McEvoy ‘disgusted’ by ‘bad game’ vs. LSU; Houston now backup QB
MADISON, Wis. — Statistics will show Tanner McEvoy put together a historically bad quarterbacking performance for Wisconsin during its season opener. In almost any way, this is a fact that cannot be disputed.
McEvoy, making the first start at quarterback in his Badgers career against LSU, completed 8 of 24 passes Saturday night for 50 yards with no touchdowns and two interceptions. He went 1-for-7 for nine yards in the fourth quarter, and Wisconsin gained a total of 24 yards on its three possessions, letting a 17-point lead turn into a 28-24 loss. Overall, the Badgers’ final five possessions resulted in three punts and two interceptions.
For some historical context, the last time Wisconsin tallied 50 yards passing or fewer in a loss occurred back on Oct. 12, 1991, when Jay Macias and Jay Simala combined to complete 7 of 20 passes for 46 yards during a 10-6 defeat at home against Iowa. McEvoy’s passer rating of 34.16 also was the worst for a Wisconsin quarterback making his starting debut since Mike Kalasmicki’s 5.20 rating in 1977. Only two quarterbacks have had a passer rating below 34 at Wisconsin in a debut since 1951.
Those are a lot of numbers to say the same thing: It was a night to forget for McEvoy. And three days after his performance, McEvoy readily accepted the blame.
"I obviously had a bad game," he said succinctly.
The areas in which McEvoy faltered were numerous, though LSU’s front seven and defensive backs deserve their share of the credit for making life difficult. McEvoy often left the pocket early. And when he did throw, he found himself drifting off his back foot, which affected his accuracy.
McEvoy said he was "disgusted" with his performance from the game and noted he fell back on bad habits he had worked on improving throughout fall camp.
"I was moving my feet way too much," McEvoy said. "I was just getting a little anxious, I think. It was first game jitters, I think, honestly. But it’s the first game. There’s only room to improve, so I’m really looking forward to cleaning it up for this Week 2 and getting a win and really start getting this offense going."
McEvoy and his receivers also did not appear to be in the same zip code during the game, with McEvoy occasionally missing receivers by 10 yards or more. Badgers coach Gary Andersen did everything he could to defend his quarterback afterward, noting receivers broke off routes and the offensive line did not protect as well as it should.
But Wisconsin wide receivers coach Chris Beatty insisted that his position group did not break off a single route.
"The quarterbacks and the receivers have got to be on the same page and see the same things," Beatty said. "They’ve got a hard job. The quarterback’s got the toughest job in sports. He’s got to see. We’ve got to make sure that we see it and help him see it the way he needs to see it. That’s part of the process, and that’s part of all those guys’ first game really playing."
McEvoy, again, took responsibility.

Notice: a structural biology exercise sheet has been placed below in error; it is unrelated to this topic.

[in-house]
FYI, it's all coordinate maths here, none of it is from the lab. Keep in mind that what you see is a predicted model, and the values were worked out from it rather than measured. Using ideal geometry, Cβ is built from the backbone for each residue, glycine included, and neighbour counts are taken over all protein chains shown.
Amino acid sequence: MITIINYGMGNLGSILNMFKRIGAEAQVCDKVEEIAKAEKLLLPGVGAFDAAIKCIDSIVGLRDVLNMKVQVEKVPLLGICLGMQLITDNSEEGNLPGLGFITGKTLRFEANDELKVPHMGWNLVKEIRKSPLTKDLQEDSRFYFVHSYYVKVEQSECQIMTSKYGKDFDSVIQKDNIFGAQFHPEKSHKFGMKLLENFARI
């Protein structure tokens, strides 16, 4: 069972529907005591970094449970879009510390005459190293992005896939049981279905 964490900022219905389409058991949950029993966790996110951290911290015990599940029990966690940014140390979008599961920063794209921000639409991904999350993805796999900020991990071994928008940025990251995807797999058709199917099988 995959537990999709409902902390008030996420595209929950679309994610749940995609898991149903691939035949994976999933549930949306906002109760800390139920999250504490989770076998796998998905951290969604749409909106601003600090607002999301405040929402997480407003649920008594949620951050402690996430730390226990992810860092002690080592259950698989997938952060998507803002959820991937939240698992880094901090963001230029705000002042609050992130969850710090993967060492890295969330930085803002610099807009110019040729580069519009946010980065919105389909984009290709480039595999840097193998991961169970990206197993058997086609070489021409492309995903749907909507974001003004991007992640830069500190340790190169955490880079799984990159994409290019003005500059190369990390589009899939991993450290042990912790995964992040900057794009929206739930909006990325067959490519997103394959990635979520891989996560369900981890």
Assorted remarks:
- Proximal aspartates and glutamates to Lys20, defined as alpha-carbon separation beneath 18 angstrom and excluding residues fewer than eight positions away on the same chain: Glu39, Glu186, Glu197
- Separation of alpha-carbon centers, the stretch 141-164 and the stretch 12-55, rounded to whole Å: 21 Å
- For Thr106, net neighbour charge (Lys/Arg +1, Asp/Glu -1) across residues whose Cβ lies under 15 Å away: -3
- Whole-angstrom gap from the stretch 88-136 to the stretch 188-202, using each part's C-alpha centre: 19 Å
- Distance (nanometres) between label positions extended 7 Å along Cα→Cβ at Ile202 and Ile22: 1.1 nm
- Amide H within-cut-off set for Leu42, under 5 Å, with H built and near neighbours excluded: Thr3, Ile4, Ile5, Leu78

On the miscommunications with receivers, he remarked, "That’s my fault."
On the offensive line protection, he said, "I thought the offensive line did a great job. I was messing up my drops a few times. I over dropped, which is harder for the offensive line (that) doesn’t know where I’m ending up. I threw them under the bus a little bit at times, but I think they did a great job. I ran a couple times I didn’t have to."
Despite McEvoy’s uneven performance, teammates have continued to publicly back him, including Badgers running back Melvin Gordon.
"It was a rough game, but he definitely made some plays with his feet," Gordon said. "I think Tanner is better than what he showed or what his stats showed on Saturday. I have all the faith in the world in Tanner that he can make the plays that are needed and the receivers to help us win the ballgame."
The task now for McEvoy is to quickly fix his mistakes for Saturday’s Western Illinois game because Wisconsin’s coaching staff is going all-in on him as a starter, at least for the foreseeable future. On Tuesday, backup quarterback Joel Stave — a two-year starter — said he was no longer participating in team drills while he battled what appeared to be a mental block that had hindered his ability to complete routine passes.
That means Wisconsin’s top three quarterbacks on the depth chart — McEvoy, redshirt sophomore Bart Houston and true freshman DJ Gillins — have combined to play QB in three Division I games.
Houston’s role, in particular, will change as he moves from third-stringer to backup. He acknowledged his repetitions in practice Tuesday changed as he earned more snaps with the second-team offense. If McEvoy — a mobile quarterback more apt to run — is injured, Houston would be the team’s next man in. And it is a challenge for which he is now ready.
"I’m a little more prepared every week," Houston said. "Last year, I was not a smart freshman. Didn’t prepare as well for every game, but this year football is like another 10-credit class for me. I’m watching film every night, breaking down the plays, going through the checks and everything. I’m more prepared for every single game, every single thing that the coaches could throw at me."
But Saturday, the Badgers hope, won’t be about Houston in the end.
"Right now as a quarterback room we’re focused on Tanner," Houston said, "getting him ready for Western Illinois."